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Harold James
By Harold James - Apr 07,2021
BERLIN — German Chancellor Angela Merkel’s hasty revocation of a hastily announced Easter lockdown was surprising, even shocking, given her ever-calm demeanor. Even more extraordinary was the apology she issued to parliament: “The mistake is mine and mine alone.
By Harold James - Jan 05,2021
PRINCETON — Political systems live on competition. Political incumbents and aspirants are constantly claiming that they can manage problems better than their rivals can.
By Harold James - Dec 02,2020
PRINCETON — COVID-19 is dramatically widening a global divide that was evident long before the current crisis.
By Harold James - Nov 03,2020
PRINCETON — The strange and dispiriting US presidential election campaign has been marked by an absence of substantive debate and a deluge of lies. As Joe Biden said of Donald Trump in the first televised debate, “The fact is that everything he’s saying so far is simply a lie.
By Harold James - Oct 01,2020
PRINCETON – The world’s most dynamic economy is governed by a communist party, whereas its previous capitalist stronghold is under the misrule of a man whose companies have gone bankrupt six times.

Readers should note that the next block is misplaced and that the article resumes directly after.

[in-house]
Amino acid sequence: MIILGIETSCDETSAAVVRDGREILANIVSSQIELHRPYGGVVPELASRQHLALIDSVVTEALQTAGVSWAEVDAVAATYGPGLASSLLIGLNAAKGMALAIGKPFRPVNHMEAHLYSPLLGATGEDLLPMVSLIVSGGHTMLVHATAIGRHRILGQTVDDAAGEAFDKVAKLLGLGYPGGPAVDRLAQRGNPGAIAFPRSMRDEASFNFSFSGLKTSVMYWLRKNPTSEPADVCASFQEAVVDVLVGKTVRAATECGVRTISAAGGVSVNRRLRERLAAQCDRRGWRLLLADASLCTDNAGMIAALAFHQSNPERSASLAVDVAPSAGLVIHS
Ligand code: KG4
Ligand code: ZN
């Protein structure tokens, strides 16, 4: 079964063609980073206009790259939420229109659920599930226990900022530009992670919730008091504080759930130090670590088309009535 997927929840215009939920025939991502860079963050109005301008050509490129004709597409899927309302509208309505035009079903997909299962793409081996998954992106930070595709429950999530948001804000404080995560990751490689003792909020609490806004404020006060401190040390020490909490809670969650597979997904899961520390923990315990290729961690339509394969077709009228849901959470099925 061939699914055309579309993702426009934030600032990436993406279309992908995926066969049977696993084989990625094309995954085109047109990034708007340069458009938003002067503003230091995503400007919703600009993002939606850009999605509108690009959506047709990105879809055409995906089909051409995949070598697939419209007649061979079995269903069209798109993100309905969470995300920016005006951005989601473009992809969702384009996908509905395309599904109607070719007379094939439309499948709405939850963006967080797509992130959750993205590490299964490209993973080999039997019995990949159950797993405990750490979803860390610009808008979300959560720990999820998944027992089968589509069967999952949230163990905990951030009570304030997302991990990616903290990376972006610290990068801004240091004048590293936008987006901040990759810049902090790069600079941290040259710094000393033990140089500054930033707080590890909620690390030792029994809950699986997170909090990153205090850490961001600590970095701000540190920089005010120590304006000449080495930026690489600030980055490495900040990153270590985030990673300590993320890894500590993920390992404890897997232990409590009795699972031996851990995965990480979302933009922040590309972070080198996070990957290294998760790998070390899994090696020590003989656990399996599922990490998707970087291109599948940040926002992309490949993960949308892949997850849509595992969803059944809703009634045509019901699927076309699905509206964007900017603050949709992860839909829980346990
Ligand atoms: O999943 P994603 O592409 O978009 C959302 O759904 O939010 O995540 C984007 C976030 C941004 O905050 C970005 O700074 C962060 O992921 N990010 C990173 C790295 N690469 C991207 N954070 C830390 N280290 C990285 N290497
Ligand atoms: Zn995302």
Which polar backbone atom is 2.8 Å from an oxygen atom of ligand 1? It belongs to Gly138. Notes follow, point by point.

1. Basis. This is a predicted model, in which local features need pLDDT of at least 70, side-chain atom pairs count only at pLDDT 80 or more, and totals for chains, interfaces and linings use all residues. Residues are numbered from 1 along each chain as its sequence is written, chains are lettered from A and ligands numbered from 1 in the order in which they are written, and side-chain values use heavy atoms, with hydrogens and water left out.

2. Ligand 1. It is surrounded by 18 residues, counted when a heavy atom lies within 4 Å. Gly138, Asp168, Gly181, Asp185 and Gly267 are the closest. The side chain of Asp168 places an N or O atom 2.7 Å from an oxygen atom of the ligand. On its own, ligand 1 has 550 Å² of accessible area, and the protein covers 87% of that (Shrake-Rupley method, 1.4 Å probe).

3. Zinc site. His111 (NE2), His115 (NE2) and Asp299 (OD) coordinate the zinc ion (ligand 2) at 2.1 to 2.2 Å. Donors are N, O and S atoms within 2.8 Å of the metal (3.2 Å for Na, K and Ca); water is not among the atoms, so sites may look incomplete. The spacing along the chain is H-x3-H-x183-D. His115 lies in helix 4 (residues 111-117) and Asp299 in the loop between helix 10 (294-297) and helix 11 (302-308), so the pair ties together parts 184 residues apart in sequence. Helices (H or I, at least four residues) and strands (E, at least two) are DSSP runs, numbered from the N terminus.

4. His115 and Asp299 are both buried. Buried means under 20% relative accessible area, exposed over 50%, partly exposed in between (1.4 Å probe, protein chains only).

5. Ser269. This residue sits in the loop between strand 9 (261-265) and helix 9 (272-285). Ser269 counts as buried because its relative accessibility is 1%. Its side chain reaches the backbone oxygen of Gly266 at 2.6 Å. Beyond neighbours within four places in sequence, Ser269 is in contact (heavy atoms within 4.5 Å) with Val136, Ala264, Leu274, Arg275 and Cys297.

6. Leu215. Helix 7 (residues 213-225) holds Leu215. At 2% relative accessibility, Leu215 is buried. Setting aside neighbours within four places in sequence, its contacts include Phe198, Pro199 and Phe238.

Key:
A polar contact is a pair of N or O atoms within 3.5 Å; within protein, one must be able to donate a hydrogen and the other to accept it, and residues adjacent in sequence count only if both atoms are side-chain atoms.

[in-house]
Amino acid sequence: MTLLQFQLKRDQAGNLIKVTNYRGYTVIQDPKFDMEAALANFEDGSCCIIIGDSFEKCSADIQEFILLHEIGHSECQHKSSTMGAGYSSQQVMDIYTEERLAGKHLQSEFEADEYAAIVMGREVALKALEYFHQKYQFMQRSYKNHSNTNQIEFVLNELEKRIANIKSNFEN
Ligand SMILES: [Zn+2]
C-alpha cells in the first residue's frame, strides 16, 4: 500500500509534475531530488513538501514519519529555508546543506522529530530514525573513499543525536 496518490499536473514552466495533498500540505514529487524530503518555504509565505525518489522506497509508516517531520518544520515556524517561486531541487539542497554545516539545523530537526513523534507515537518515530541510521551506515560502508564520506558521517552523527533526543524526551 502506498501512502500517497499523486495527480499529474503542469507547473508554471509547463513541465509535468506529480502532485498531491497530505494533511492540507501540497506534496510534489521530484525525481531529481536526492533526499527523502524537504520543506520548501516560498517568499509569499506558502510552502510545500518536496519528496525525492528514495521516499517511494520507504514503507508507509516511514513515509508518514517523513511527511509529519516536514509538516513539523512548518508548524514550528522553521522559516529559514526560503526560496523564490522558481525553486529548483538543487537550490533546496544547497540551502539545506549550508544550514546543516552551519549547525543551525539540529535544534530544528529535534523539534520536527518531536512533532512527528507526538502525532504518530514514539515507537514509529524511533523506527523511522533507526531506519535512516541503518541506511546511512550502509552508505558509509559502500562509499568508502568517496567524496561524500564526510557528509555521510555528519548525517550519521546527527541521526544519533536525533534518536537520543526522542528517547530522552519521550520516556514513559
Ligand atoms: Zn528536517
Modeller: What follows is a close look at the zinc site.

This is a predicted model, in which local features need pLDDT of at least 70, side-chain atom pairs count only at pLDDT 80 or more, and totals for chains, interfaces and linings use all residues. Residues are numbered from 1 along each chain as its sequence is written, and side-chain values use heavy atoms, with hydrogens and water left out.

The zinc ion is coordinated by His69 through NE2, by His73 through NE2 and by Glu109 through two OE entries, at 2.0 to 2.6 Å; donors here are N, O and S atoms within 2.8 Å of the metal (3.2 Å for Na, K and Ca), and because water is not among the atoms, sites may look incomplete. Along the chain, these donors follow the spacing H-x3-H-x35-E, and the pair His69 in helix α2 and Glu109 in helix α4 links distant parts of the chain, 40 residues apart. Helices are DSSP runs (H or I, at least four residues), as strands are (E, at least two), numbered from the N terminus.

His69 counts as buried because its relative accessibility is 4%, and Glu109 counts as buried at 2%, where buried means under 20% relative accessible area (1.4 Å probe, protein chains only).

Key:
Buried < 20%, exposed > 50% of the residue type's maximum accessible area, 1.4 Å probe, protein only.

By Harold James - Sep 06,2020
PRINCETON — Has COVID-19 killed the megacity? The pandemic certainly is reshaping globalisation, turning the hubs of the pre-2020 global economy into epicenters of contagion and leaving their future hanging in the balance.
By Harold James - Aug 24,2020
PRINCETON — The European Council’s five-day meeting to hash out a 2021-2027 budget and a COVID-19 emergency spending package had all the hallmarks of Euro-summitry: long nighttime discussions; threats by some leaders to leave without an agreement; and a Franco-German push for a d
By Harold James - Mar 02,2020
PRINCETON — The outbreak of the new coronavirus, COVID-19, that began in Wuhan, China, may well turn into a global pandemic.
By Harold James - Feb 01,2020
PRINCETON — Goodbye, Britain. Brexit is done. It is over. Some Britons are waving Union Jacks, and public buildings are illuminated in red, white and blue.
By Harold James - Dec 29,2019
PRINCETON — We are at the end of a decade that has no name. The 2010s cannot really talk about itself, and this confusion is only partly born of semantics.

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